Using Glyphs with Fonts explained (swashes, swirls and extras)

Glyphs are also sometimes called Alternates, Swooshes, Swashes, Swirls and Extras.

Basically a glyph is the variety of different designs of the same character, or it can also be illustrations, or special characters, like hearts, flowers and flourishes.

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Let’s look at an example:

One of my favourite fonts with a huge variety of glyphs is called Asmara.

Below is an example of the alternate glyphs for the letter A. Also note the glyphs for interacting with other characters.

Missy Meyer wrote a fantastic post about the difference between OTF and TTF (OpenType and TrueType) font formats.

In short, if you have the OTF (OpenType) format, use that, as it is the newest format and will support glyphs (if the font has any).

Depending on your computer, either Mac or PC and the software you use, there are different ways to access glyphs.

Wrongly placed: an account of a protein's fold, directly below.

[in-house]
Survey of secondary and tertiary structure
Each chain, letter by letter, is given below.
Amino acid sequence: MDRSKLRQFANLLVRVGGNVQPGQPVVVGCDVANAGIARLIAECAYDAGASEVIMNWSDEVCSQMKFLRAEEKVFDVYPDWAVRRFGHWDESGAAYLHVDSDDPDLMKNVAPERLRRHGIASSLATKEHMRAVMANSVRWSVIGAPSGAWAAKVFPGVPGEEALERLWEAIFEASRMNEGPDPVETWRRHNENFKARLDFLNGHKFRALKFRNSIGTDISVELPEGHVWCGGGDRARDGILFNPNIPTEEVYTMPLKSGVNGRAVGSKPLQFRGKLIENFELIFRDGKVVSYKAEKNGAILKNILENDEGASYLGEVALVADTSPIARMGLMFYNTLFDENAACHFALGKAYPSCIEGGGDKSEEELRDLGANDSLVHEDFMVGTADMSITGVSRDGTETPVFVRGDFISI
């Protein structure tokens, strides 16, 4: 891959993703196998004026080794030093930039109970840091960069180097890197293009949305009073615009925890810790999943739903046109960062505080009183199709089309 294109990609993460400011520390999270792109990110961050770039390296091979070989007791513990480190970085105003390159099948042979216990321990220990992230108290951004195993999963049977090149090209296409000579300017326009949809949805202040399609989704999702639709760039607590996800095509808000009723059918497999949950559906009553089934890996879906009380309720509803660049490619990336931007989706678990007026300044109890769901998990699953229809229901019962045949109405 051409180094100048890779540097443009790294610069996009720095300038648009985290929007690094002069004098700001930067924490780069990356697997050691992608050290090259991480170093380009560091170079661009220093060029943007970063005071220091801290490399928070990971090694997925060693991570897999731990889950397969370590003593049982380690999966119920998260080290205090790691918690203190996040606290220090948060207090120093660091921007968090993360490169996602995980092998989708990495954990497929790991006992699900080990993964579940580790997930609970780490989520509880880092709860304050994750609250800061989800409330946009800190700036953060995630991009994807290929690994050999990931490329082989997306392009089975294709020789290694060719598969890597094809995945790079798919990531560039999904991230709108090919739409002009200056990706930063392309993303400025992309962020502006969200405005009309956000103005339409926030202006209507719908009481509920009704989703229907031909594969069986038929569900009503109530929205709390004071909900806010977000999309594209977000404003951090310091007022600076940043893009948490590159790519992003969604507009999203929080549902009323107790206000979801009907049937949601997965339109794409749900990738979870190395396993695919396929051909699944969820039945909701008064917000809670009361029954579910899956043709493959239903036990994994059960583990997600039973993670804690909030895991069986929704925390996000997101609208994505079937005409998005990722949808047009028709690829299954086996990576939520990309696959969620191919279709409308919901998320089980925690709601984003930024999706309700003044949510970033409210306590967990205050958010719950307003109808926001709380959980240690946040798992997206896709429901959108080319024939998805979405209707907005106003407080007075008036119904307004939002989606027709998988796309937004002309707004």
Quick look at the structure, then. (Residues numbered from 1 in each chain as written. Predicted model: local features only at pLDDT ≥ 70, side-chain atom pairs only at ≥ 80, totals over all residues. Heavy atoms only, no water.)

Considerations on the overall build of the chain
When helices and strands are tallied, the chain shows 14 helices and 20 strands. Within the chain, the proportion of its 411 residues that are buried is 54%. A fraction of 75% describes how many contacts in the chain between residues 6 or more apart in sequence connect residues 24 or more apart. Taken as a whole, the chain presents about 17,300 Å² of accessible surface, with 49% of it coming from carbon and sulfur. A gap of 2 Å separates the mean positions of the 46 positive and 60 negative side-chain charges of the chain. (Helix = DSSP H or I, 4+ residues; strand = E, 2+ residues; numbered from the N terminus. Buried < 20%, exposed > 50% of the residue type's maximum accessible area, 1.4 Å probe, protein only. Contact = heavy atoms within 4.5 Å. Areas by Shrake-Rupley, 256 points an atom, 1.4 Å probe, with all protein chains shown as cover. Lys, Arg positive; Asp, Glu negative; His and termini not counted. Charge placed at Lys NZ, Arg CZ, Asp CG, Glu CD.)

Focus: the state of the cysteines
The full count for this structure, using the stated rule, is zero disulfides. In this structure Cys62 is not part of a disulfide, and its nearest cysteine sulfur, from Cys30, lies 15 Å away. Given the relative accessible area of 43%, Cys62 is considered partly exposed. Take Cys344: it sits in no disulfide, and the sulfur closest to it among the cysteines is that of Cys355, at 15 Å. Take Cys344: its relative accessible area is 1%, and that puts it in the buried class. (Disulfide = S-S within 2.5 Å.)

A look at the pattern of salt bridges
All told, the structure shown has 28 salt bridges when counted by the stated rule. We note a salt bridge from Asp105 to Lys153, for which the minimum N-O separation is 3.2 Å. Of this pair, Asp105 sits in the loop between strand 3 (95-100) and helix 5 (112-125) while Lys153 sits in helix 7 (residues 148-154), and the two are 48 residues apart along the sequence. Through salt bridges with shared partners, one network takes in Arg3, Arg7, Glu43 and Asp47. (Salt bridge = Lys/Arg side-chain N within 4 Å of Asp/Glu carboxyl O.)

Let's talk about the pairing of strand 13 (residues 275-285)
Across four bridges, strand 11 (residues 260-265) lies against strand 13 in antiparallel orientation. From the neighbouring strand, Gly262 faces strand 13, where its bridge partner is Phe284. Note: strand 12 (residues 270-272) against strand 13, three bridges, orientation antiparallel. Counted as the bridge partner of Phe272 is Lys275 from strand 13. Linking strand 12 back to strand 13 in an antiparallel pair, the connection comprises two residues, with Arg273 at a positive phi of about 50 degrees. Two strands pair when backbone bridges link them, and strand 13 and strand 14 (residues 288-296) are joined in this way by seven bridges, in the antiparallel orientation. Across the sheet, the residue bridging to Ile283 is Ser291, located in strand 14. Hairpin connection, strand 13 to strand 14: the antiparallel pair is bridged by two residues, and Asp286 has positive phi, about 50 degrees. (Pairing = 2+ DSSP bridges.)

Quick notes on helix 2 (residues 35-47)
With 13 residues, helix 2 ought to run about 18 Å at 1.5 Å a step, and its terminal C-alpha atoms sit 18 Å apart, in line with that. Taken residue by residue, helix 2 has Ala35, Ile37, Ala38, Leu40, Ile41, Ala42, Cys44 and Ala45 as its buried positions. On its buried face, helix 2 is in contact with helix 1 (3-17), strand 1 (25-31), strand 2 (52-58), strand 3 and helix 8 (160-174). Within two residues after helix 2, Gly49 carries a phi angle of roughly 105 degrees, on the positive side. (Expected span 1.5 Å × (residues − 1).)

For Mac, the standard Font Book that comes pre-installed is perfect to view glyphs. For Windows, Maintype is a great, free software to to the same. Usually, you should be able to just copy and paste the character from within either software and paste the glyph where you want to use it.

The image below is called a character map. This is where you will be able to see all of the available glyphs for a font, in this case Asmara. The example shown is from Adobe Illustrator.

You can access the glyphs directly in most design software.

Below are some tutorials for glyphs in different software:




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